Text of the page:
The S&P/TSX composite index jumped 251.98 points to 14,560.42.
The Canadian dollar plunged 1.53 cents to 81.07 cents US after the Bank of Canada cut its key rate to 0.75 per cent from one per cent due to economic fallout from the collapse in oil prices.
Markets had universally expected the bank to leave the rate unchanged from where it had been since September 2010.
Oil prices have plunged 55 per cent since last June amid a glut of supply and have fallen about 40 per cent just since the end of November after OPEC concluded its last meeting with a vow to leave production levels unchanged.
The TSX was lifted by a 3.15 per cent rise in the energy sector as oil prices climbed $1.31 to US$47.78 a barrel and traders considered how a lower Canadian dollar will be a positive for some TSX sectors.
"A low dollar for energy producers is a positive," said Stephen Carlin, vice-president Canadian equities at CIBC Asset Management, explaining that "we sell the product in U.S. dollar terms, but we have a cost base in Canada — so a lower Canadian dollar makes our cost structure cheaper on a relative basis, relative to the U.S. producer."
The effect on other sectors varies.
"It's modest pain for . . . the food retailers. It will cost you more to import those strawberries from California," Carlin said.
A lower Canadian dollar will raise costs for some of the discretionary retailers if they‘re bringing product in from the United States, although the effect is unlikely to be felt until the end of the year because typically they are six to nine months ahead of the current season.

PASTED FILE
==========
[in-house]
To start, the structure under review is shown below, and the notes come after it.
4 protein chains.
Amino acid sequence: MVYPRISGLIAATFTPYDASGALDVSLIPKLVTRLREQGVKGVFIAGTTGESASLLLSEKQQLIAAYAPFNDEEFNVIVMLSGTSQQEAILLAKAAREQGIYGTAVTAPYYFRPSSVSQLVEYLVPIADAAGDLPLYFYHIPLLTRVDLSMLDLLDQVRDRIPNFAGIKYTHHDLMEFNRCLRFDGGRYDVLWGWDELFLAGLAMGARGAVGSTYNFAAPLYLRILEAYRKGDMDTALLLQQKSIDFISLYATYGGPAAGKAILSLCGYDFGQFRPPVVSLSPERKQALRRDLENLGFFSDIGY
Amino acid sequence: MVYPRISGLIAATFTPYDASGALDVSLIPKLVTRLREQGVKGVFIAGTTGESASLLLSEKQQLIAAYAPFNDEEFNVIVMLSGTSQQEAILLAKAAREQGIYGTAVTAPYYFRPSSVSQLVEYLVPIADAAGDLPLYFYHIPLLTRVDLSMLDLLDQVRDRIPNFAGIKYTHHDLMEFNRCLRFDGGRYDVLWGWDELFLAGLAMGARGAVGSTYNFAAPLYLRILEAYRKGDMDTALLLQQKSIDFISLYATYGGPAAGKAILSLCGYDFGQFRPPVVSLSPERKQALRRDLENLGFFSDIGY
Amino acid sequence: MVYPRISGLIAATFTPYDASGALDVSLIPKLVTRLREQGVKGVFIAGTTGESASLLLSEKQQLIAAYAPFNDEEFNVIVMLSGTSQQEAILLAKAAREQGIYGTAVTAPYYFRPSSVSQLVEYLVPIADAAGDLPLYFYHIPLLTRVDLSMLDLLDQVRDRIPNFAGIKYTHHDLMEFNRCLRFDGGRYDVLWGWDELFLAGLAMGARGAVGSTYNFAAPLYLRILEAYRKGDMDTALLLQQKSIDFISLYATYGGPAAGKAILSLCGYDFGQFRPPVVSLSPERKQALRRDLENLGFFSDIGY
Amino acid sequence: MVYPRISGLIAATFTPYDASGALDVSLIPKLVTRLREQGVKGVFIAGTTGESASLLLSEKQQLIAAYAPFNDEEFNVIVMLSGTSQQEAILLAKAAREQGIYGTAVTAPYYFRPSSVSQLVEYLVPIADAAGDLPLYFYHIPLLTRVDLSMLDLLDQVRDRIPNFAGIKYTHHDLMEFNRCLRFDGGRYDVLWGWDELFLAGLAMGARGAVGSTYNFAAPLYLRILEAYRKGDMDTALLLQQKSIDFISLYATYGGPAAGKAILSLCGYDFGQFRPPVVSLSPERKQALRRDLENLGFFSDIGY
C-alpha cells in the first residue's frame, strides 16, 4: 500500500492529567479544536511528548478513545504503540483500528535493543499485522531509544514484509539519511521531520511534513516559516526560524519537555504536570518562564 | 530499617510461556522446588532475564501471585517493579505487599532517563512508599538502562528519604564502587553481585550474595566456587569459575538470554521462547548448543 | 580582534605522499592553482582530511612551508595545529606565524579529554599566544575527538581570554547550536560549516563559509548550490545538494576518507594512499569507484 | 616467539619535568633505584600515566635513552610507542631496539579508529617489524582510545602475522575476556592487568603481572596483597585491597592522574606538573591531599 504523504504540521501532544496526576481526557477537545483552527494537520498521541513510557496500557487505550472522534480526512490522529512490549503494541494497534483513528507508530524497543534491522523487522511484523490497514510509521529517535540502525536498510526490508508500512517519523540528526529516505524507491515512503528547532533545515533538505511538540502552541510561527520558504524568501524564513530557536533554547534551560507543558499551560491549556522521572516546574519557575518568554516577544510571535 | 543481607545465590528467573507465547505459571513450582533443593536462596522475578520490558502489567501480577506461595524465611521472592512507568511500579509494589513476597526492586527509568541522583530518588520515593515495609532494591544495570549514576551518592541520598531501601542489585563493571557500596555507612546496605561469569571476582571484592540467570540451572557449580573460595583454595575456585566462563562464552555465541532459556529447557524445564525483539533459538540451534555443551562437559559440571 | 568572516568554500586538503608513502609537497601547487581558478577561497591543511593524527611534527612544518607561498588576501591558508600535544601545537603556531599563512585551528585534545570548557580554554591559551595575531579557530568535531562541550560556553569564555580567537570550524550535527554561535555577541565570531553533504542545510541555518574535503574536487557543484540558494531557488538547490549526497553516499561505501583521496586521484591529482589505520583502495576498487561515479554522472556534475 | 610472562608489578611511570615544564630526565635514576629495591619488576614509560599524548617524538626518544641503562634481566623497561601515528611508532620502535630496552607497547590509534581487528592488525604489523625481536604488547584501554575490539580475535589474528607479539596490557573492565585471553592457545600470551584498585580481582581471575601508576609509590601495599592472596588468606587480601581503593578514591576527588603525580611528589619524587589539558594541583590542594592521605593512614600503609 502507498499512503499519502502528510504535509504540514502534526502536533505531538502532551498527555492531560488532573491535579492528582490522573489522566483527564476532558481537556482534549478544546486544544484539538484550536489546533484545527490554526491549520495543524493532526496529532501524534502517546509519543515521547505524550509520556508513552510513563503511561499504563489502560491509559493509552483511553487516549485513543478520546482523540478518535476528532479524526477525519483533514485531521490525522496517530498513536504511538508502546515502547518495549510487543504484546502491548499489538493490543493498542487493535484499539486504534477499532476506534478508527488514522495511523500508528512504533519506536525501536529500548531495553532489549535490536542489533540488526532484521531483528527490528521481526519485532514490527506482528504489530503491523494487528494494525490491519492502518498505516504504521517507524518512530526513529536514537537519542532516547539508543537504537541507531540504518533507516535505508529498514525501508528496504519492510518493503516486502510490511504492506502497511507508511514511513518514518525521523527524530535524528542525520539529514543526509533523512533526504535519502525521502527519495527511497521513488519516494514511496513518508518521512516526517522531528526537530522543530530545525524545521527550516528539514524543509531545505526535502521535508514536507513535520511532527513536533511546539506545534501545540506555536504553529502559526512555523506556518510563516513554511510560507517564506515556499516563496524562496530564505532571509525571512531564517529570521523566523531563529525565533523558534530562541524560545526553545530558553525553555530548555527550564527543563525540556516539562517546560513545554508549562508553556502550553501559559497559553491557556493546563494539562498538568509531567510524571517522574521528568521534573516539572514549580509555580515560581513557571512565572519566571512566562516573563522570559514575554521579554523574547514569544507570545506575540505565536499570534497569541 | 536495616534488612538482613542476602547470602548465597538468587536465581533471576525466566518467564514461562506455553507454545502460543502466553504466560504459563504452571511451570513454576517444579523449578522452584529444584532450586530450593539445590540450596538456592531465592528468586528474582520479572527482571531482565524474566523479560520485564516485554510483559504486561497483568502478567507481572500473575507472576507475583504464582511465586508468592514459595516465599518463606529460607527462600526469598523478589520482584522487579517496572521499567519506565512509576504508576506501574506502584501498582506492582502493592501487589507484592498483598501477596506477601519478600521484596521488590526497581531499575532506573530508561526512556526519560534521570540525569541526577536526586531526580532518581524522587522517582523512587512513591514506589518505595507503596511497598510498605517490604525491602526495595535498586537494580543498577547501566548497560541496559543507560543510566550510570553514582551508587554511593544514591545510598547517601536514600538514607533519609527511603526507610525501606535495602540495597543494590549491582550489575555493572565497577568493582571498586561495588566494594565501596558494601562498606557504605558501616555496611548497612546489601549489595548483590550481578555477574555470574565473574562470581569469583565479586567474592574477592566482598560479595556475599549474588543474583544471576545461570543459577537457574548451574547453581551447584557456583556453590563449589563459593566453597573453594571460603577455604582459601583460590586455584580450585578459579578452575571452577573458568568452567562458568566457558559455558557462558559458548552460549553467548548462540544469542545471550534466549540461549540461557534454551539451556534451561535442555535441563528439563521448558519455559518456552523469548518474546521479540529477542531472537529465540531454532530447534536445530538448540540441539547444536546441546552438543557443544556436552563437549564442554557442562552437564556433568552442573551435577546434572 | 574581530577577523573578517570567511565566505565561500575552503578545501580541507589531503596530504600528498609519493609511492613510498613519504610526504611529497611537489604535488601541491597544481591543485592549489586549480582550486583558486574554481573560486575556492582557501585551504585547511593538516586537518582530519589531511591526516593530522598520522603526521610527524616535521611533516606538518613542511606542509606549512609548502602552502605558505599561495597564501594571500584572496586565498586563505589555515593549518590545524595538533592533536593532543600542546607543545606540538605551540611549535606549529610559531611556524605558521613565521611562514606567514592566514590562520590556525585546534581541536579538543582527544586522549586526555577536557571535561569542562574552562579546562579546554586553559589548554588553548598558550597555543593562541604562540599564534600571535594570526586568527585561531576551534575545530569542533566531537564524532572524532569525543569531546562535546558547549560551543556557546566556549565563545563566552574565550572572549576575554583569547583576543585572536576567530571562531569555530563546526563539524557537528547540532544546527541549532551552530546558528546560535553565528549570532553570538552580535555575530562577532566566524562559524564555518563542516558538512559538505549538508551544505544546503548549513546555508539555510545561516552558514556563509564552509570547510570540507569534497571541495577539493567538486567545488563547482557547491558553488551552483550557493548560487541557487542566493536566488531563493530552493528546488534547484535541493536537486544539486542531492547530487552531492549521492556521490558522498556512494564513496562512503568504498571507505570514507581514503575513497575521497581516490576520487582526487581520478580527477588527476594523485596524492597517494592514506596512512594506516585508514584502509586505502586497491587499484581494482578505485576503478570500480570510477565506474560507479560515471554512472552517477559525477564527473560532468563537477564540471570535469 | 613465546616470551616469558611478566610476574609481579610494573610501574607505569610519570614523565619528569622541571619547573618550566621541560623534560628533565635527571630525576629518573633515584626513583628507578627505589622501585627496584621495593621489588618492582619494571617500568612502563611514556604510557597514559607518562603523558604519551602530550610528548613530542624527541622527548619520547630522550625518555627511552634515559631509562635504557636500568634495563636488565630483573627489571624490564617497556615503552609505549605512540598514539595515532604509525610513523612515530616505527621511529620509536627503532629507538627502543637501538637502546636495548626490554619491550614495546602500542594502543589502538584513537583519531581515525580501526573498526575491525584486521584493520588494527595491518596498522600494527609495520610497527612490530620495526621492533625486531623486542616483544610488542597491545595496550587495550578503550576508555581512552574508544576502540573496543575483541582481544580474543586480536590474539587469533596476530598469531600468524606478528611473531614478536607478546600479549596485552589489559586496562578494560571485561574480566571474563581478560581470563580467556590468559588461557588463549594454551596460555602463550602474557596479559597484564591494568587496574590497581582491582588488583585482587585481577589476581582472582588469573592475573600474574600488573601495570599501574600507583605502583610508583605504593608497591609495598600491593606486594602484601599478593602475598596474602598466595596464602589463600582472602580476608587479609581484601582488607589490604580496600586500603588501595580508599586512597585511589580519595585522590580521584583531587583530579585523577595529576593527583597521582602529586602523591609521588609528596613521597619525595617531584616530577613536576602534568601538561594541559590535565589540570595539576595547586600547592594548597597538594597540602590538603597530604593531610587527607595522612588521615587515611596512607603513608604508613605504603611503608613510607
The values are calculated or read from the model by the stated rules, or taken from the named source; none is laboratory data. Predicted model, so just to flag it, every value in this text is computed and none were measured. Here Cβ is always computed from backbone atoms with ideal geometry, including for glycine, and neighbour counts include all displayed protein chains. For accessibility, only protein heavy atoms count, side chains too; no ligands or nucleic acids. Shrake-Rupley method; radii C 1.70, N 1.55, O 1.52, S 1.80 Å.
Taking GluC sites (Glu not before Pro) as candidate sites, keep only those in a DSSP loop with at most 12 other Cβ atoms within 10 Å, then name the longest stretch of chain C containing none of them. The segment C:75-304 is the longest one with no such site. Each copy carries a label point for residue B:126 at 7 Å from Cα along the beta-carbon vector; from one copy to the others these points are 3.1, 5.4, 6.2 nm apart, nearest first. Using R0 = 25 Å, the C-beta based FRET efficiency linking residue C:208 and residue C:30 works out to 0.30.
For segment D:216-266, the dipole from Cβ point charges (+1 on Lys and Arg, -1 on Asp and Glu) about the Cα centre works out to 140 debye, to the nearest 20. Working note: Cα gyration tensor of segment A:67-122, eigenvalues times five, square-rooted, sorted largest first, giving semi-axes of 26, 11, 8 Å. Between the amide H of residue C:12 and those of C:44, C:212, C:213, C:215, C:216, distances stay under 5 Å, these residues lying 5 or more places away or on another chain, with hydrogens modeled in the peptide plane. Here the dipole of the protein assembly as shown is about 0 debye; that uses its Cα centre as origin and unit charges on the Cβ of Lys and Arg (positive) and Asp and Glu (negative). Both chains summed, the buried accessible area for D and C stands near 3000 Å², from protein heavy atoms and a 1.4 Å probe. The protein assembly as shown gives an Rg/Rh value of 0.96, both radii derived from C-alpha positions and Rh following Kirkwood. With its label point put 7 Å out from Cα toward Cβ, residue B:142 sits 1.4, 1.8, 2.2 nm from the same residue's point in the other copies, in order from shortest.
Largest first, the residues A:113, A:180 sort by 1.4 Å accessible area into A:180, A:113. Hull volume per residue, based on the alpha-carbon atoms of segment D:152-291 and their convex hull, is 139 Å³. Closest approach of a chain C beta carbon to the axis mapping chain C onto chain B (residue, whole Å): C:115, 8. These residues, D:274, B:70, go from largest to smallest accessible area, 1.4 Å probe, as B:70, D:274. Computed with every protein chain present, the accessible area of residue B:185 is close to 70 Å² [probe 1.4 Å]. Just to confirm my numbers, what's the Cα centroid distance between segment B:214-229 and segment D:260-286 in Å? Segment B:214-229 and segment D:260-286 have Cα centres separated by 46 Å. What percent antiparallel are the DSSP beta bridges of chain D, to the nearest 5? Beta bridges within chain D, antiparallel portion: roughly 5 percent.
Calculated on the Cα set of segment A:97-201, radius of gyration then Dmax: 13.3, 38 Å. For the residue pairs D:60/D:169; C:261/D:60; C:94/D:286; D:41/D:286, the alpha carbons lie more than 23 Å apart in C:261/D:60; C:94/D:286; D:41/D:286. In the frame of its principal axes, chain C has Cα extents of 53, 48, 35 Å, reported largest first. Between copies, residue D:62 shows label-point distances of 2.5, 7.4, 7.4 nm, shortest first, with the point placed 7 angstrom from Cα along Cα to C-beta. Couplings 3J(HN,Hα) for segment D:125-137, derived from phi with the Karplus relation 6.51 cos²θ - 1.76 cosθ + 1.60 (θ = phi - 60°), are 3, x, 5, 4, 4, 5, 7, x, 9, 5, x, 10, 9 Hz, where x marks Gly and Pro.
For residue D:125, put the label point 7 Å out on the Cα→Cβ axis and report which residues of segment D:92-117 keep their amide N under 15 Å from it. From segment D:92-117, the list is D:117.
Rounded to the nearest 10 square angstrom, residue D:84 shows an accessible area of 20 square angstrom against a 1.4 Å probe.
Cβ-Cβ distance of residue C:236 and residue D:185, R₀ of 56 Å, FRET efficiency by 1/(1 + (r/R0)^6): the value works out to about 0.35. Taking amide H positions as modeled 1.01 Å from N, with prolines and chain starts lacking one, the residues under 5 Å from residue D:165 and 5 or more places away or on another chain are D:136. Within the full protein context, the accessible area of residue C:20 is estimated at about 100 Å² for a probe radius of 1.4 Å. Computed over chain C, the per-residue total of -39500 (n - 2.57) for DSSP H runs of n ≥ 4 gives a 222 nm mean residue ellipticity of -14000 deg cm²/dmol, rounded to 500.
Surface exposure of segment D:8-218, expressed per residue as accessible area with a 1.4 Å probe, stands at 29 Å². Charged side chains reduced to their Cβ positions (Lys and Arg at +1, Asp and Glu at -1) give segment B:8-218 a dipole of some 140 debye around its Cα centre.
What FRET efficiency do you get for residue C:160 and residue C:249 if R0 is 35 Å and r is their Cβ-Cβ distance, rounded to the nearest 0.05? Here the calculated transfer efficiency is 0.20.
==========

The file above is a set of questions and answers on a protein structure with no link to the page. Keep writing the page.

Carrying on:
"It helps the industrials but on a lagged effect (of 18 to 24 months), he added.
New York indexes were higher after the Wall Street Journal reported that the board of the European Central Bank is proposing a substantial program of quantitative easing, which involves a massive round of government bond purchases.
The newspaper said the bank would spend about 50 billion euros monthly on the program. Markets had been speculating the central bank would announce a program involving spending between 500 billion and 700 billion euros annually.
Economic growth has been tepid and there have been worries that the region could fall prey to deflationary pressures, a situation where businesses and consumers hold off on purchases in the hope that items will just get cheaper.
The Dow Jones industrials was 39.05 points higher at 17,554.28, the Nasdaq rose 12.57 points to 4,667.42 and the S&P 500 index climbed 9.57 points to 2,032.12.
Elsewhere on the TSX, the base metals group gained 5.67 per cent with March copper ahead two cents at US$2.61 a pound.
Most TSX sectors were higher with added support coming from industrials and financials, both ahead about 1.5 per cent.
The gold sector rose 0.67 per cent as February bullion faded 50 cents to US$1,293.70 an ounce, giving up early gains after the ECB report.
Telcos led decliners, down 1.7 per cent.